Although the play occupies a resolutely male space, and features an all-male cast, it puts women at the centre of the story. Elmes dons lipstick once to portray Hill’s girlfriend Gina, but it is McClusker’s ability to create and communicate to the matriarchs of his life that stave off an overwhelming masculinity. It is women, Hill’s mother, aunt, girlfriend(s) and daughter, who are the intended audience of his monologues, and it is these women that facilitate our identification and relationship with Hill.
The production manages to dualistically retain its interiority of prison claustrophobia, whilst weaving turmoil outside the four walls. Indifferent – at times creepy – Catholic priests and a leering Jimmy Saville hint towards future political outrages, outrages that similarly become political footballs to be kicked about at the whim’s of the establishment.
Other major events – namely the IRA’s activities, Hill’s grandmother’s death, the miner’s strikes and the Hillsborough tragedy – are all filtered through to us through radio, newspaper, and letters Hill receives. We are trapped in, and forced to confront a reality that we cannot touch, but must see.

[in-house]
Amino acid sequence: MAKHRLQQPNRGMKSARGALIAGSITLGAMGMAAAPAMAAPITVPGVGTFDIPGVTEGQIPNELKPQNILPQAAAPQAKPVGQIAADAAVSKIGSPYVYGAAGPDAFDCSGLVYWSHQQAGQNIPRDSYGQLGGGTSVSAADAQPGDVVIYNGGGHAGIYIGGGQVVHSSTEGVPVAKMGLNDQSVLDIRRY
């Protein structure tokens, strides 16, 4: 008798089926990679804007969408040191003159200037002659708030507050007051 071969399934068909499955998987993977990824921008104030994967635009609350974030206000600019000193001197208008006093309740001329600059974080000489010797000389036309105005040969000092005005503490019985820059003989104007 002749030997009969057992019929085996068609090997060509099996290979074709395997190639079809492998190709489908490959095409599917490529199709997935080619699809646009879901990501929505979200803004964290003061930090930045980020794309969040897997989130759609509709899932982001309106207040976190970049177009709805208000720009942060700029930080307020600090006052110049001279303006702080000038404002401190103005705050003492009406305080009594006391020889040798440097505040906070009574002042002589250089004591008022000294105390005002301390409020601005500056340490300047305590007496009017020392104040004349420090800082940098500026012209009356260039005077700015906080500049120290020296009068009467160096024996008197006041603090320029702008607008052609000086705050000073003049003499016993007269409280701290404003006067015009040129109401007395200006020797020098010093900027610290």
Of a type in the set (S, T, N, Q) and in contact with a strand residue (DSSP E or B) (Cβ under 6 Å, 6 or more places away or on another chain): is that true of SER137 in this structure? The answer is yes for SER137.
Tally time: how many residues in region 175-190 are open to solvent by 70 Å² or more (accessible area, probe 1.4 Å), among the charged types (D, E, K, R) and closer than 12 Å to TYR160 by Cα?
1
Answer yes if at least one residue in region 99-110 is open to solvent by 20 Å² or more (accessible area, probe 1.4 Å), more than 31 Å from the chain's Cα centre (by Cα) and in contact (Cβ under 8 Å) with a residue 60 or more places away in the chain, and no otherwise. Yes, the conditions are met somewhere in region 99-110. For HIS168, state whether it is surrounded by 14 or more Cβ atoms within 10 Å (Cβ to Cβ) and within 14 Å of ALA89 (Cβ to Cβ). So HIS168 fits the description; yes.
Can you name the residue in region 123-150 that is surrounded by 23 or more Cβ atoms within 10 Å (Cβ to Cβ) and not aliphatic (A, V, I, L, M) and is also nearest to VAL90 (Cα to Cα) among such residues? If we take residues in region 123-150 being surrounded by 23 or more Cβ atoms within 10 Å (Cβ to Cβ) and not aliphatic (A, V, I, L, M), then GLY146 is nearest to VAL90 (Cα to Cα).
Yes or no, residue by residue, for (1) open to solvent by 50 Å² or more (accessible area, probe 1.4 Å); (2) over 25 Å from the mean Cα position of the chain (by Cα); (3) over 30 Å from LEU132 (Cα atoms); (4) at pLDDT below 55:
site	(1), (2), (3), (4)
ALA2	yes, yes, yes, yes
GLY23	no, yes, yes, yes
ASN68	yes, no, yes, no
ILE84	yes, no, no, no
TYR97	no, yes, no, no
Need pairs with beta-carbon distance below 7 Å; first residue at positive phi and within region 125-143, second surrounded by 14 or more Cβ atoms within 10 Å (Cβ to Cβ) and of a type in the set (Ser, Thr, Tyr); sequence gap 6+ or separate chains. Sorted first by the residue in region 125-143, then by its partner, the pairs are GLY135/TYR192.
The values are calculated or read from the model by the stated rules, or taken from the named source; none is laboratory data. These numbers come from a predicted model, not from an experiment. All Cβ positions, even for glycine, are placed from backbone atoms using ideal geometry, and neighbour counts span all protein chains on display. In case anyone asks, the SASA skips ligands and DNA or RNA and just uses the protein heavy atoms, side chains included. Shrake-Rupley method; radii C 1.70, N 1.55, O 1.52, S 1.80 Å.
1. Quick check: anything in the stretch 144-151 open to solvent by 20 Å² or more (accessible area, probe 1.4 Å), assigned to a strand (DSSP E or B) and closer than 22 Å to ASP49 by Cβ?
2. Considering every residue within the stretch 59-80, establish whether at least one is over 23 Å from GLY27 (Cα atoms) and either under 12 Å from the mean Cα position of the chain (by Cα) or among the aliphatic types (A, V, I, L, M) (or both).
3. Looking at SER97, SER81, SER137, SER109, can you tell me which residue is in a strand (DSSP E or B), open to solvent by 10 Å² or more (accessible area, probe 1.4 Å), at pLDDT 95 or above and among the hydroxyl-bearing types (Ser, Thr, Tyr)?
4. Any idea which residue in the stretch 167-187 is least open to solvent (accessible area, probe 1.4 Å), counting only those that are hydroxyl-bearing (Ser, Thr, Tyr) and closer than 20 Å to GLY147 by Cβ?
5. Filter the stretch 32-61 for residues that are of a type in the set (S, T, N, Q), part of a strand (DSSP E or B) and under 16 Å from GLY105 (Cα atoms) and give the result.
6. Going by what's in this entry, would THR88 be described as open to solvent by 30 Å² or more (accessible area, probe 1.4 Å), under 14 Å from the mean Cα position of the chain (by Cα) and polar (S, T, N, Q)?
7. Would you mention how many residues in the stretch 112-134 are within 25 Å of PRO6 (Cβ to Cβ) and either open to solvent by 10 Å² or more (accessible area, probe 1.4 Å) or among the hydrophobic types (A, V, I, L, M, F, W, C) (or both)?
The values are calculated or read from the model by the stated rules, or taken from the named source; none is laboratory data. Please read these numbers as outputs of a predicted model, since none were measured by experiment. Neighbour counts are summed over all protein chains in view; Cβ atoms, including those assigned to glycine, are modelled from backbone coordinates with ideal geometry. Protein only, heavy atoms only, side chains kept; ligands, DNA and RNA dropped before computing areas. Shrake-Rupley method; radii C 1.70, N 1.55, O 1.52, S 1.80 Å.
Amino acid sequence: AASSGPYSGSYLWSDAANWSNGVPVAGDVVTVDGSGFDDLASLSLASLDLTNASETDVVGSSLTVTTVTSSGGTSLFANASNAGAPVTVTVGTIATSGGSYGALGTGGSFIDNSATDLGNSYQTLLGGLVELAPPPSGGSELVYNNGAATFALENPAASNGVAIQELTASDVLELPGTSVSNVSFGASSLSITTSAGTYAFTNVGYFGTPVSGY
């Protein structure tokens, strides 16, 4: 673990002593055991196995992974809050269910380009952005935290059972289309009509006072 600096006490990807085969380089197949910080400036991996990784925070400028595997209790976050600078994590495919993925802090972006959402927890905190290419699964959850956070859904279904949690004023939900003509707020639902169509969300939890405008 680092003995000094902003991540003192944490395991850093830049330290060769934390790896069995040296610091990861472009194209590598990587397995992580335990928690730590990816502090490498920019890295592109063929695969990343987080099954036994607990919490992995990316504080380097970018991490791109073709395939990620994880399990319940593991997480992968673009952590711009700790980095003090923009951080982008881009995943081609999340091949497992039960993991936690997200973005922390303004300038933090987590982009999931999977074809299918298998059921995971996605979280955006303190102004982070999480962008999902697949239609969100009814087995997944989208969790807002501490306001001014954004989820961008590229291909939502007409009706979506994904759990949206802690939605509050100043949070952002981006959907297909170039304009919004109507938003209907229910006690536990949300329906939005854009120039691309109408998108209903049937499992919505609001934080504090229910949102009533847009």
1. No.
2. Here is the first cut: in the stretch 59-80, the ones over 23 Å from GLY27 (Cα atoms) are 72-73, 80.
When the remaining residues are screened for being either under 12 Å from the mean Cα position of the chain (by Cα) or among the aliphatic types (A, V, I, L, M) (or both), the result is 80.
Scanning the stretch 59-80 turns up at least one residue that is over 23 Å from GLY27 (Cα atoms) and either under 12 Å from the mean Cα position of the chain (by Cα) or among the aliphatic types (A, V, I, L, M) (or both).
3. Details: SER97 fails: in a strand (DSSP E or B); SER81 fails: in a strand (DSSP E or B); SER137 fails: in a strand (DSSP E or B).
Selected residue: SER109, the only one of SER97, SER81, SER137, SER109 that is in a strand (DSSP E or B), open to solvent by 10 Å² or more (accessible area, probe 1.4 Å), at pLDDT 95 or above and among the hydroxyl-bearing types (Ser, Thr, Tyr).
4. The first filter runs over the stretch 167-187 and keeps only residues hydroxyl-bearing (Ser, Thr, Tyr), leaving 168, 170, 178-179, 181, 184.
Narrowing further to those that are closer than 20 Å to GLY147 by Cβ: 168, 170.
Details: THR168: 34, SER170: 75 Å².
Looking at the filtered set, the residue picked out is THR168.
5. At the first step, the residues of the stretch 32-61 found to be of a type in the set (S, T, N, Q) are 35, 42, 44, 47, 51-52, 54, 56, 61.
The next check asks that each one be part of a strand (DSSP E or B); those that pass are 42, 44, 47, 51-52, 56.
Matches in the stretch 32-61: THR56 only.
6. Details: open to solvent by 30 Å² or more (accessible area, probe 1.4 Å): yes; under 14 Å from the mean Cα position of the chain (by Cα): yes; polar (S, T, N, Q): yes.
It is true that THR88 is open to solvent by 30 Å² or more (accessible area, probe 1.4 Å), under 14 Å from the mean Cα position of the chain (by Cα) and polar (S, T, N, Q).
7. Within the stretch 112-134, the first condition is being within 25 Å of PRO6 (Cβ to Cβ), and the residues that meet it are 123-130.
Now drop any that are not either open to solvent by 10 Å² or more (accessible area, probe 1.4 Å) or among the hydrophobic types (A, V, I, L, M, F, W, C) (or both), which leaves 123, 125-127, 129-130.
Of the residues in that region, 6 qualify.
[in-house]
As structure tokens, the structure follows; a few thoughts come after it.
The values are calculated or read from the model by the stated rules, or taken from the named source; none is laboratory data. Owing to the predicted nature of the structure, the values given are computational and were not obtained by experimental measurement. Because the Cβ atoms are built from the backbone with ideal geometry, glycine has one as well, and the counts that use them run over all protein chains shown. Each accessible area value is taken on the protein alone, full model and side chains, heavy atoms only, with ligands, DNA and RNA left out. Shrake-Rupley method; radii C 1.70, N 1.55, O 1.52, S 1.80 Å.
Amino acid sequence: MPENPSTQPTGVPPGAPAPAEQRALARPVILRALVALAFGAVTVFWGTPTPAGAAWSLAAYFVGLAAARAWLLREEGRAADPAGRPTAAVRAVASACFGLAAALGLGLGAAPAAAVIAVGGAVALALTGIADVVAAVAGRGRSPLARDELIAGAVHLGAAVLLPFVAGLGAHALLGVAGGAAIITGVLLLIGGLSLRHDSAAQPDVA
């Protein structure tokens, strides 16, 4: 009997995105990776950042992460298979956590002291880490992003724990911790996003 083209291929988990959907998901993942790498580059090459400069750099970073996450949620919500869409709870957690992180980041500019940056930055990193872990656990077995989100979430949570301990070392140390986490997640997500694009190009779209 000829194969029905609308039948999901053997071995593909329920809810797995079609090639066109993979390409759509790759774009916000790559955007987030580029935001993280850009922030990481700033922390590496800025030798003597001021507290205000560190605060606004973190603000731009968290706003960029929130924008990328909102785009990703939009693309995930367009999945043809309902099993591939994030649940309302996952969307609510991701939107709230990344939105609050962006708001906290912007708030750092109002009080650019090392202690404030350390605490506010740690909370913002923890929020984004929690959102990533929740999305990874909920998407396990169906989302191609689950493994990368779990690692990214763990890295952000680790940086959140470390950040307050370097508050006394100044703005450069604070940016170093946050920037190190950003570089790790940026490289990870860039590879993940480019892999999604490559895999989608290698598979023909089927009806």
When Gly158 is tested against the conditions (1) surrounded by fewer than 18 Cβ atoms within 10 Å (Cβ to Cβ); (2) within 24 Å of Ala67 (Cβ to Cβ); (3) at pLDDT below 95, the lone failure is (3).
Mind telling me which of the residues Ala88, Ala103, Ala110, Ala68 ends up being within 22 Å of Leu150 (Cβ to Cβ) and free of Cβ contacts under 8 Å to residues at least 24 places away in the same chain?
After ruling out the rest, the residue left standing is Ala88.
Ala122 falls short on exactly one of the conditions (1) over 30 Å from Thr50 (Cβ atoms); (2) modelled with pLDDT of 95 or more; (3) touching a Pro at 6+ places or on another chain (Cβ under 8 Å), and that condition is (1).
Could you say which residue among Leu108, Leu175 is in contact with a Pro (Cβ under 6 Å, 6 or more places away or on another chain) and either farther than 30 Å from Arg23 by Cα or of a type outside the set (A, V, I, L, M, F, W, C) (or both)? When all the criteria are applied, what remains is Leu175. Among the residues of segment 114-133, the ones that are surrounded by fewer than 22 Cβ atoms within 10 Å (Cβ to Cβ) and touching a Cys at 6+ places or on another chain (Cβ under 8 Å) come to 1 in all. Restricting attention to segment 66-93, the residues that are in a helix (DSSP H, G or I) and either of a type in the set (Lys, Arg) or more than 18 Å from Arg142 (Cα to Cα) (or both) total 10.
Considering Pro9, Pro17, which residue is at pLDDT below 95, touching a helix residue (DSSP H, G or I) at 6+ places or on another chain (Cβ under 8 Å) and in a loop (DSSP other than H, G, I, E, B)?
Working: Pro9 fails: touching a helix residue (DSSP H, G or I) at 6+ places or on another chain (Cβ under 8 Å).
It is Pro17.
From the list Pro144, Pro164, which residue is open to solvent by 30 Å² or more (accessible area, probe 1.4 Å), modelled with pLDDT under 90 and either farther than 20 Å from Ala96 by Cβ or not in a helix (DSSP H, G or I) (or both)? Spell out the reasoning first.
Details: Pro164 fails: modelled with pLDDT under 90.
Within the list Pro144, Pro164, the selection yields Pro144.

Yet filtering through from the outside, we are also brought messages of hope. Like Steven Avery – the allegedly wrongly convicted felon at the centre of Making a Murderer – the Guildford 4 became pop culture capital, and Hill’s bemusement as he becomes memorialised in songs – some of which were banned, another example of the establishment’s attempt to stifle resistance – again reminds us of the farcical nature of the situation; especially once a group of convicted IRA bombers claim full responsibility for both the Guildford and Woolwich bombings. The wilful blindness of the law is made most clear by a politician declaring, “Let us be clear, a conviction had to be got.”